Happy Birthday Kosovo!
Although it’s not all that happy. The newborn nation is still in the throes of economic devastation and ethnic violence. Nor do we know yet if February 17 will continue to be celebrated as the young nation’s independence holiday. Or for that matter, if Kosovo actually is independent.
The State Assembly in Kosovo’s capitol of Pristina declared its independence from Serbia on February 17, 2008. Since that time over 50 countries have recognized the world’s youngest nation’s independence. However, Serbia is not one of those countries.
According to Serbian President Boris Tadic, February 17 is “just a date when an illegal act was enacted, when Pristina proclaimed Kosovo a so-called state.”
Tensions between the ethnic groups that make up the Balkans and the former Republic of Yugoslavia were subdued under the leadership of Josip Tito, who ruled the amalgamation of states for over 30 years after World War II. The states that made up Yugoslavia were: Bosnia and Herzegovenia, Slovenia, Macedonia, Croatia, Montenegro, and Serbia, of which Kosovo was an autonomous province. Tito’s government stressed “Unity in Brotherhood”, the idea that Yugoslavia’s people were essentially one, but had been divided by foreign occupiers over previous generations.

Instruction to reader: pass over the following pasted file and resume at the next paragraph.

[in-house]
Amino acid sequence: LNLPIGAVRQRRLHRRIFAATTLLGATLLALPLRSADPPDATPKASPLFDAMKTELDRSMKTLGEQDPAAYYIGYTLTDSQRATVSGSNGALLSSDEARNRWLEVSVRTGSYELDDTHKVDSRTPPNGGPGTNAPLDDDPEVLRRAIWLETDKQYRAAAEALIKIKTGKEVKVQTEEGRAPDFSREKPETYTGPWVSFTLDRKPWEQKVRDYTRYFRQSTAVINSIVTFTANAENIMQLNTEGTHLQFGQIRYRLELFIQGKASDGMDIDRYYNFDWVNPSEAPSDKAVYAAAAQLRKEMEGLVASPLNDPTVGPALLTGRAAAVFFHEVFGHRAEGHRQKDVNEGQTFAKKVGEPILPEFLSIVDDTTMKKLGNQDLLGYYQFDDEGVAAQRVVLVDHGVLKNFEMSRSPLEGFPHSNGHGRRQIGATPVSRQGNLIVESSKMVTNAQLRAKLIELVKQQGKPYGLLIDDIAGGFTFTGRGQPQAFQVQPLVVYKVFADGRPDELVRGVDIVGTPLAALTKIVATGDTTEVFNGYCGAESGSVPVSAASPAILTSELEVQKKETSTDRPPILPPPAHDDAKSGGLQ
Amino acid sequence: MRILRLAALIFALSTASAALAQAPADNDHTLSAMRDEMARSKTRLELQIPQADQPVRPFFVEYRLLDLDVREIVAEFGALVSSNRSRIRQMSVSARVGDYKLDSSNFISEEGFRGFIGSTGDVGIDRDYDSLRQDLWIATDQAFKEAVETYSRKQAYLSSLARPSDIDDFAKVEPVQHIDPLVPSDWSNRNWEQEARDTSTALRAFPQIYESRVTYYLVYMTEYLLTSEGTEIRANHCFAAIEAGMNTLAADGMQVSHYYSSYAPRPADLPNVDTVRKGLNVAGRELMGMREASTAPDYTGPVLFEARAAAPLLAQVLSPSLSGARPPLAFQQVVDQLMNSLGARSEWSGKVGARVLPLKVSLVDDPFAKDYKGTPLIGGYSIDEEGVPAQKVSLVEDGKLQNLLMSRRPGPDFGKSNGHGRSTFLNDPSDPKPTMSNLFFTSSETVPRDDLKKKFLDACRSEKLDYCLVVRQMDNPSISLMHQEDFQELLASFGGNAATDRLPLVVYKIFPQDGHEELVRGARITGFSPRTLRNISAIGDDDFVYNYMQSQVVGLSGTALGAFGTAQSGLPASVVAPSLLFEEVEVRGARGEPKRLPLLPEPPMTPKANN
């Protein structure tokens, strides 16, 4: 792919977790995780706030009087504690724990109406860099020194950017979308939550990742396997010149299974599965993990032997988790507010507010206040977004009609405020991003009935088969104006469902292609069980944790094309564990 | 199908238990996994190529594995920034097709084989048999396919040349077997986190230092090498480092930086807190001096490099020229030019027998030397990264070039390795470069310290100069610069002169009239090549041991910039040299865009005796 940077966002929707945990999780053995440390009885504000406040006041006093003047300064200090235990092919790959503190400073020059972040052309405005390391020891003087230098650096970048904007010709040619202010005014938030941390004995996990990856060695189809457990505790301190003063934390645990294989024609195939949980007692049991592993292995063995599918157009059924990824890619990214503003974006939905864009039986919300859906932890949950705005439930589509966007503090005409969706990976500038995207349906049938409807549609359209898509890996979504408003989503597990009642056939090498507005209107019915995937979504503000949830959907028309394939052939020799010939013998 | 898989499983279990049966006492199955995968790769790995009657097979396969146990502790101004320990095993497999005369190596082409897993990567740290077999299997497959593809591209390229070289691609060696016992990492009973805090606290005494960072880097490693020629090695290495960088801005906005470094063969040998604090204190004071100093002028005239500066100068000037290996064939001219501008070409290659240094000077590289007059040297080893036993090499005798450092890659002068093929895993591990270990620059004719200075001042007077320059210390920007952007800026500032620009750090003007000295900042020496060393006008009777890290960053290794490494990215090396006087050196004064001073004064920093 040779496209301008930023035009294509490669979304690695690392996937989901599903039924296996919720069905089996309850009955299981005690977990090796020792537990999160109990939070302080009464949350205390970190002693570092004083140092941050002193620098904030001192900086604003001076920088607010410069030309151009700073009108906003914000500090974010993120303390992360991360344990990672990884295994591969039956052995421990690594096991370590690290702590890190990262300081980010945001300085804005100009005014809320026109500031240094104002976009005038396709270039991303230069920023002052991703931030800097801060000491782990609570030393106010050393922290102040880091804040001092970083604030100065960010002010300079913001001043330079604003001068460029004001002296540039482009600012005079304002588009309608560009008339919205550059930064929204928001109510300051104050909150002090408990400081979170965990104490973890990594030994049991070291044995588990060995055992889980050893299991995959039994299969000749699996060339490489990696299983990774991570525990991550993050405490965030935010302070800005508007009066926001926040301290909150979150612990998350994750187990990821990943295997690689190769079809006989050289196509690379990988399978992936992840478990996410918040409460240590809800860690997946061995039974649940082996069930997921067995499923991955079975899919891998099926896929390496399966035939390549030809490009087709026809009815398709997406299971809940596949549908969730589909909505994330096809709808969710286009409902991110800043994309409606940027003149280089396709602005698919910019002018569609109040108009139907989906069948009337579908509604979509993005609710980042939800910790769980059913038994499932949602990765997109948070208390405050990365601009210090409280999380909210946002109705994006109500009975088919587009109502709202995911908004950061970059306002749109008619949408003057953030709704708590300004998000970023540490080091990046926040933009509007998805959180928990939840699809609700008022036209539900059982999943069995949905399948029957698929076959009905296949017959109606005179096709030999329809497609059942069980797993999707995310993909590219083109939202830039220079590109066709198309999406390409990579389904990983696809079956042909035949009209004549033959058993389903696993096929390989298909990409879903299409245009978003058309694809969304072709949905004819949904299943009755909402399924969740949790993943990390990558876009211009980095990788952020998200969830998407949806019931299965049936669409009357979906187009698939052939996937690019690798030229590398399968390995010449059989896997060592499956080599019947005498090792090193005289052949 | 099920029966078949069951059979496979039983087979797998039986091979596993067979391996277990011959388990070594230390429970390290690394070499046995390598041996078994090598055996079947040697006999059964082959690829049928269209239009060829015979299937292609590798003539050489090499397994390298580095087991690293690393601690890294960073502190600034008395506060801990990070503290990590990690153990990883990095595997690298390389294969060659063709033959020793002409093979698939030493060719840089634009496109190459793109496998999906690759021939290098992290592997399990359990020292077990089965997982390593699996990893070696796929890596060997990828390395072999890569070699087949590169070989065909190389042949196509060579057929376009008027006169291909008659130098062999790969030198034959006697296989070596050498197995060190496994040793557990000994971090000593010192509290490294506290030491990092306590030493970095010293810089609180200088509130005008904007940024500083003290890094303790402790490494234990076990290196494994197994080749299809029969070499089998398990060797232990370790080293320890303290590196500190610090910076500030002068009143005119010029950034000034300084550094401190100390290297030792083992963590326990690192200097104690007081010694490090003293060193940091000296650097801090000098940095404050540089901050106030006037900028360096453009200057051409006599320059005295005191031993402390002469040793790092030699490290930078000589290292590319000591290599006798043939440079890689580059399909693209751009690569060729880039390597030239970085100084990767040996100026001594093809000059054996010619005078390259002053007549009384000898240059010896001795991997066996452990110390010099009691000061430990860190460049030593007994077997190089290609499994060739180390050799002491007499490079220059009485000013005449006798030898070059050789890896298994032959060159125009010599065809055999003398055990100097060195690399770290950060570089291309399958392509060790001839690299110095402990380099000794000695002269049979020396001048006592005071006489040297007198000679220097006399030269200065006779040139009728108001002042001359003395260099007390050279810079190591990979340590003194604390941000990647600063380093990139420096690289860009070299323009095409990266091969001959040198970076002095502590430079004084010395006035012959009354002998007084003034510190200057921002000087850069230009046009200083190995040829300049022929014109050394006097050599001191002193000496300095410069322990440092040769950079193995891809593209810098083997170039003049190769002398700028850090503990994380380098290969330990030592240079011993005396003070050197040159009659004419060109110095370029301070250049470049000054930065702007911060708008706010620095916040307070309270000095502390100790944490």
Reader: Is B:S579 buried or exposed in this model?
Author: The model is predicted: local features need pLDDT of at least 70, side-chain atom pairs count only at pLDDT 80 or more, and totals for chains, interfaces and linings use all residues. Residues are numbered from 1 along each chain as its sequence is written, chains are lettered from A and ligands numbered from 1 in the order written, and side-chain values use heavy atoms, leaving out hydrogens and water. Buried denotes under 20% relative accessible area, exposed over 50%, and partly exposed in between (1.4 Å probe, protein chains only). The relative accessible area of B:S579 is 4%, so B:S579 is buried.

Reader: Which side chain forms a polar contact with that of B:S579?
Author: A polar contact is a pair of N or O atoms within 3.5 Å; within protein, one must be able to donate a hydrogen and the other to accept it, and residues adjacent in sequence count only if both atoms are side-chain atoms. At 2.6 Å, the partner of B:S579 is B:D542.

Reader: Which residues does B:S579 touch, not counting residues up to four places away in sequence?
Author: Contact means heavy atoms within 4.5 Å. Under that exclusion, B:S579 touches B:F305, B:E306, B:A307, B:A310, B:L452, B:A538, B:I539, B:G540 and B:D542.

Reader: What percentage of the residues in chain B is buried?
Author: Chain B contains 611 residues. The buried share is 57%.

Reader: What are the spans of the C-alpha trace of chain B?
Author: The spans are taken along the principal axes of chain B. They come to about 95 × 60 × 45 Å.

That idea didn’t fly after Tito’s death in 1980. Ethnic nationalism rose and in 1991 and 1992, most states seceded from Yugoslavia (literally, “South Slavs” land) leaving Serbia and Montenegro the sole members of the former republic.
Smaller than Connecticut, Kosovo is home to over 2 million people, 90% of them ethnic Albanians, with the remainder mostly Serbs. Kosovo first declared independence in 1991, but the movement was put down by Serbian leaders like Slobodan Milosevic.
War ravaged the Balkans throughout the 1990s. The Kosovo War of 1998-1999 left between 5,000 and 10,000 people dead, and culminated with the controversial NATO bombing of Yugoslavia. The state was governed by the UN between 1999 and 2008.
…what Milosevic and his regime tried to do for the Serbian people during their time could not be more wrong. I mean you do not just dispose of people as they thought they could do. You do not fire people en masse, you do not take their housing rights, you do not ignore 2 million people as if they did not exist, and most of all you do not run them away from their homes and their property.
On the other hand what that regime did was not new to Kosovo at all, it had all been done before by the Albanian side…between 1974 and 1988. And let me tell you, it was not easy to be anything but Albanian during those years in Kosovo.
…Having said all of this I can say the place is cursed and will never be peaceful.
— “Srecko”, from Kosovo, “Memories of Kosovo“, BBC